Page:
Eddie Ginley is a 31-year-old dreaming bingo caller from Liverpool, keen to change career paths. On his birthday he advertises himself as a Private Eye, when he is sent a mysterious package, he becomes involved in a very large investigation indeed.
The debut from British director Stephen Frears sees a trench-coated Liverpool bingo caller (Albert Finney) finding his Bogart fantasies coming true when sets himself up as a quick-talking private detective, as a typical kitchen sink drama segues into labyrinthine noir thriller. In his subsequent career, Frears has been torn between British realism (My Beautiful Laundrette) and American genre (The Grifters); here, both forms are intriguingly scrambled. There are strangely effective performances from the likes of Billie Whitelaw, Fulton Mackay, Janice Rule and Maureen Lipman, and the pastiche score is one of Sir Andrew Lloyd Webber's better credits.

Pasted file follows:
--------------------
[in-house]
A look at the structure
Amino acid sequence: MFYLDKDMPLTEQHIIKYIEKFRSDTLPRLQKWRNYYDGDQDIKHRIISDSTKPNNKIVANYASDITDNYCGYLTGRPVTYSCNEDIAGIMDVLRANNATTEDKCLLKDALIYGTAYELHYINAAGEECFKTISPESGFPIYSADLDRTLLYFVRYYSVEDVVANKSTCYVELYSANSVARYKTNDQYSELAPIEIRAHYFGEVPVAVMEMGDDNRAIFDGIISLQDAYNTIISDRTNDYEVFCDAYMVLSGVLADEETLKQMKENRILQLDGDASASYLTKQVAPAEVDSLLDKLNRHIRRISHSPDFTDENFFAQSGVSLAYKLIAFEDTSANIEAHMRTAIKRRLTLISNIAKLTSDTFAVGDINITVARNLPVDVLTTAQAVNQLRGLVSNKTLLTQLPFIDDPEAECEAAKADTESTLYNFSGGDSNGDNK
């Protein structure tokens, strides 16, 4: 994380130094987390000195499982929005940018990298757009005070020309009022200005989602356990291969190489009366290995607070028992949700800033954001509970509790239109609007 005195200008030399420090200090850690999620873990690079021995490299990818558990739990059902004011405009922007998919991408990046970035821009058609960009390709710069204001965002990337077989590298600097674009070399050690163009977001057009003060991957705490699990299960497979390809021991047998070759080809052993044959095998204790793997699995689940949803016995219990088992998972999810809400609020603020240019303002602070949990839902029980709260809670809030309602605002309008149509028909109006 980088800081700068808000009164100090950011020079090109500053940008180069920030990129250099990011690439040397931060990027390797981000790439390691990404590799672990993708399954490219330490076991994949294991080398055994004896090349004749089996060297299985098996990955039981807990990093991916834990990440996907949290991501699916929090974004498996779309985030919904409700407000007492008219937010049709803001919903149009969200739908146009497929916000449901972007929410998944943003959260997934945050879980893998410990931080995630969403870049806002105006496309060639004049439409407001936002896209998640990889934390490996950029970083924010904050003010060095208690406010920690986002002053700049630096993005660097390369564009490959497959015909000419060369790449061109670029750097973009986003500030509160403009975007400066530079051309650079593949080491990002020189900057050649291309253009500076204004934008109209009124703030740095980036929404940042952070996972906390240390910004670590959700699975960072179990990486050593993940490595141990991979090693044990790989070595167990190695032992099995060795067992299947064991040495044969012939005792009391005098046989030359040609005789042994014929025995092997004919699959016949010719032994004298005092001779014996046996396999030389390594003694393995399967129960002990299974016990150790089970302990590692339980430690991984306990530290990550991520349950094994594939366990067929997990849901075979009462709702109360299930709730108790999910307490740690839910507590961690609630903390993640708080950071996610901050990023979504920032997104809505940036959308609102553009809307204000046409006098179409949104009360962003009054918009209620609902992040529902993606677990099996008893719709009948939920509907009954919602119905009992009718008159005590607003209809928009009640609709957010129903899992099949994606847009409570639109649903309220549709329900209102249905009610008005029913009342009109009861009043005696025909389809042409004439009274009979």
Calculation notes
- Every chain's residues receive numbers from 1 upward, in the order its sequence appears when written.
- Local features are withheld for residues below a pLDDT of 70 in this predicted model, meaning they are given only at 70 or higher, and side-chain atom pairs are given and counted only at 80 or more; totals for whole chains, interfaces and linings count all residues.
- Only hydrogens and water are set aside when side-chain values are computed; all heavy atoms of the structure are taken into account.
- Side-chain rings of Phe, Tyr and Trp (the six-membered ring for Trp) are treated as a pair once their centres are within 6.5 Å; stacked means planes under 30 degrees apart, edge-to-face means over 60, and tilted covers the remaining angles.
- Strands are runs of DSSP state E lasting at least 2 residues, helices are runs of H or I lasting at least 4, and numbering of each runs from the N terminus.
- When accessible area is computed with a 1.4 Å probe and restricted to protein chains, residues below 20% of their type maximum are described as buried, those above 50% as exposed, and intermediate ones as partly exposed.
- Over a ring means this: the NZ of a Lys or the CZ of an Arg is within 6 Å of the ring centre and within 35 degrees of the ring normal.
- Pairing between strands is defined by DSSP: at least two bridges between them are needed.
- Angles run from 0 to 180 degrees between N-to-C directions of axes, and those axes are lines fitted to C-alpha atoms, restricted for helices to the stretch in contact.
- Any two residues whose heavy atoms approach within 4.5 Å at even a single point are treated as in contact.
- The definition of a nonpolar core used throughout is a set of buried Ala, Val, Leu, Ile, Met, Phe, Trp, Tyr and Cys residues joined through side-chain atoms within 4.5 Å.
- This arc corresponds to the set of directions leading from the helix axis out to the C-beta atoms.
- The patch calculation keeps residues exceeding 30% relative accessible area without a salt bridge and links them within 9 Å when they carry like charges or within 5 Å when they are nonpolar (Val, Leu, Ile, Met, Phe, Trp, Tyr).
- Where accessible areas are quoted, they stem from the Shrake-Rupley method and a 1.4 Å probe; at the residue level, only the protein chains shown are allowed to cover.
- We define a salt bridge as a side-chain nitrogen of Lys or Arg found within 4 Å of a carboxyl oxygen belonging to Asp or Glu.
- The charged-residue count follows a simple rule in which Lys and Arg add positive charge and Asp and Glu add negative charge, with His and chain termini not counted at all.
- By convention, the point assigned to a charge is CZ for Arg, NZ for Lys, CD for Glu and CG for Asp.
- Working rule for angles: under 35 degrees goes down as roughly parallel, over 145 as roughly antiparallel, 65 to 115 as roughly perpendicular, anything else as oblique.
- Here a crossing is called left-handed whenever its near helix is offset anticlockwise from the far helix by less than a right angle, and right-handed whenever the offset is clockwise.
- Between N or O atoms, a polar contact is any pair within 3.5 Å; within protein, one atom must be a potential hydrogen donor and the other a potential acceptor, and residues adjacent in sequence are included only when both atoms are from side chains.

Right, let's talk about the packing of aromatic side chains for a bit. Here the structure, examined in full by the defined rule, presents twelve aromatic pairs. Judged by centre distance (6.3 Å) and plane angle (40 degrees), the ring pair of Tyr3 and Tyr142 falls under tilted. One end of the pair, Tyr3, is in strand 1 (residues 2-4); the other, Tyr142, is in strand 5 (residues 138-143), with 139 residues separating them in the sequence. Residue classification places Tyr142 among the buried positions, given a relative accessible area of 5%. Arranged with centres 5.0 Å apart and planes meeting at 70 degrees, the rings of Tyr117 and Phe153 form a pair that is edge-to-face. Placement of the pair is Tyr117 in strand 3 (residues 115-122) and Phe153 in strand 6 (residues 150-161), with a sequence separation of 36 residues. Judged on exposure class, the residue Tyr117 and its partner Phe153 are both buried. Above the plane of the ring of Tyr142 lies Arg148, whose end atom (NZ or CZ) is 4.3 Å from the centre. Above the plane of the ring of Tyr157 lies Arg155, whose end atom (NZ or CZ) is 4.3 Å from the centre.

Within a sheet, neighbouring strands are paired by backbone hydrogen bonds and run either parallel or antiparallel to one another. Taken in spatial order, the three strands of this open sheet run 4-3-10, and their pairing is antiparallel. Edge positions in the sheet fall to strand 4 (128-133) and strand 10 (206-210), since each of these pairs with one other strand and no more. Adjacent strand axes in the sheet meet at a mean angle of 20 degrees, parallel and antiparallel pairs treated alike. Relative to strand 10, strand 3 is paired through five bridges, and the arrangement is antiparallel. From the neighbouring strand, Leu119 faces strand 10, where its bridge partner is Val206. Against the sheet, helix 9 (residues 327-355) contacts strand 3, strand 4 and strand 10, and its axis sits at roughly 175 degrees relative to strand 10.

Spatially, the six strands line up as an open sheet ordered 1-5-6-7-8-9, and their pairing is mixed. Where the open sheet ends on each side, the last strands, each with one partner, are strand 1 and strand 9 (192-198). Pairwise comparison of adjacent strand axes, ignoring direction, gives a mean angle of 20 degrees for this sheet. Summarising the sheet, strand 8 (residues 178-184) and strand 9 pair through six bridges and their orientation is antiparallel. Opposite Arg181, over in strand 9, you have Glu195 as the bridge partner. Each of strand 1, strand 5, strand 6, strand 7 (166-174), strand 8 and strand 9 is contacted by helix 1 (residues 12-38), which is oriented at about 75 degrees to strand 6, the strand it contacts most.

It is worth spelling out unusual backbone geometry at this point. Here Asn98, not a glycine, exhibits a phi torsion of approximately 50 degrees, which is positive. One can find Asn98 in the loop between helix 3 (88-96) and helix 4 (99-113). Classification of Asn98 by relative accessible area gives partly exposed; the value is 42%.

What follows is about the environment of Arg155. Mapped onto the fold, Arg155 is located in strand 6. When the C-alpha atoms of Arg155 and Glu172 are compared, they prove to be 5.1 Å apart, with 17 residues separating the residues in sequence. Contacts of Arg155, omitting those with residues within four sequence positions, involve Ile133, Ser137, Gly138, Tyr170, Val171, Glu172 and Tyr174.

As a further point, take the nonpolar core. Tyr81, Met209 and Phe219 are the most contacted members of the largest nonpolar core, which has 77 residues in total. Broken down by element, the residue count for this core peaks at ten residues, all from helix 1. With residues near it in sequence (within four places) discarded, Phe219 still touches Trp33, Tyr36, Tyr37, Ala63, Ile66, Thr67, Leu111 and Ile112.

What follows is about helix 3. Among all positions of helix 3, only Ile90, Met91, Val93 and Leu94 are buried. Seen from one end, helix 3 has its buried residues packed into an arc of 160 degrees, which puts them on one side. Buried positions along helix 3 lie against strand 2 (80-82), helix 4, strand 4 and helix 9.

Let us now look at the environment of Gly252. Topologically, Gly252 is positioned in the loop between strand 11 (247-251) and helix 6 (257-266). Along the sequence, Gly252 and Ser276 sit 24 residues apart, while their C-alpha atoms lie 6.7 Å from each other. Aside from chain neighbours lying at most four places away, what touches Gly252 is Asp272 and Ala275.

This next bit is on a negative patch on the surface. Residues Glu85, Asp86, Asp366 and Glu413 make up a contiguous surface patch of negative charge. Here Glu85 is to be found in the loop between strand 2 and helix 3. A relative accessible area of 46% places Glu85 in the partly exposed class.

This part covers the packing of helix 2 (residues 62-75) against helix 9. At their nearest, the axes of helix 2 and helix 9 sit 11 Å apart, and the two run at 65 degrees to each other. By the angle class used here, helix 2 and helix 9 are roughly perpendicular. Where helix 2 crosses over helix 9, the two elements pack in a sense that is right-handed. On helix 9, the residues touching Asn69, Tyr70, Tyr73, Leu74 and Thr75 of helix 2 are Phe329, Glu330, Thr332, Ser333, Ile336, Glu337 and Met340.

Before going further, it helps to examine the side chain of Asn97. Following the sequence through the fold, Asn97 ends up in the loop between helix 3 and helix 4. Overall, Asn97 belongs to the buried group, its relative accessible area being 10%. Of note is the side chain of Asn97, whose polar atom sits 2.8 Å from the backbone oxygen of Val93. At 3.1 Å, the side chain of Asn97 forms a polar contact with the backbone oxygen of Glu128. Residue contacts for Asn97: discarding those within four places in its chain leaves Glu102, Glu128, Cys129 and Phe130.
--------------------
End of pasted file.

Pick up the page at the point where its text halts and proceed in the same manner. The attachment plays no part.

Perhaps because of its persistent film in-jokes, this much sharper than many of Frears' later works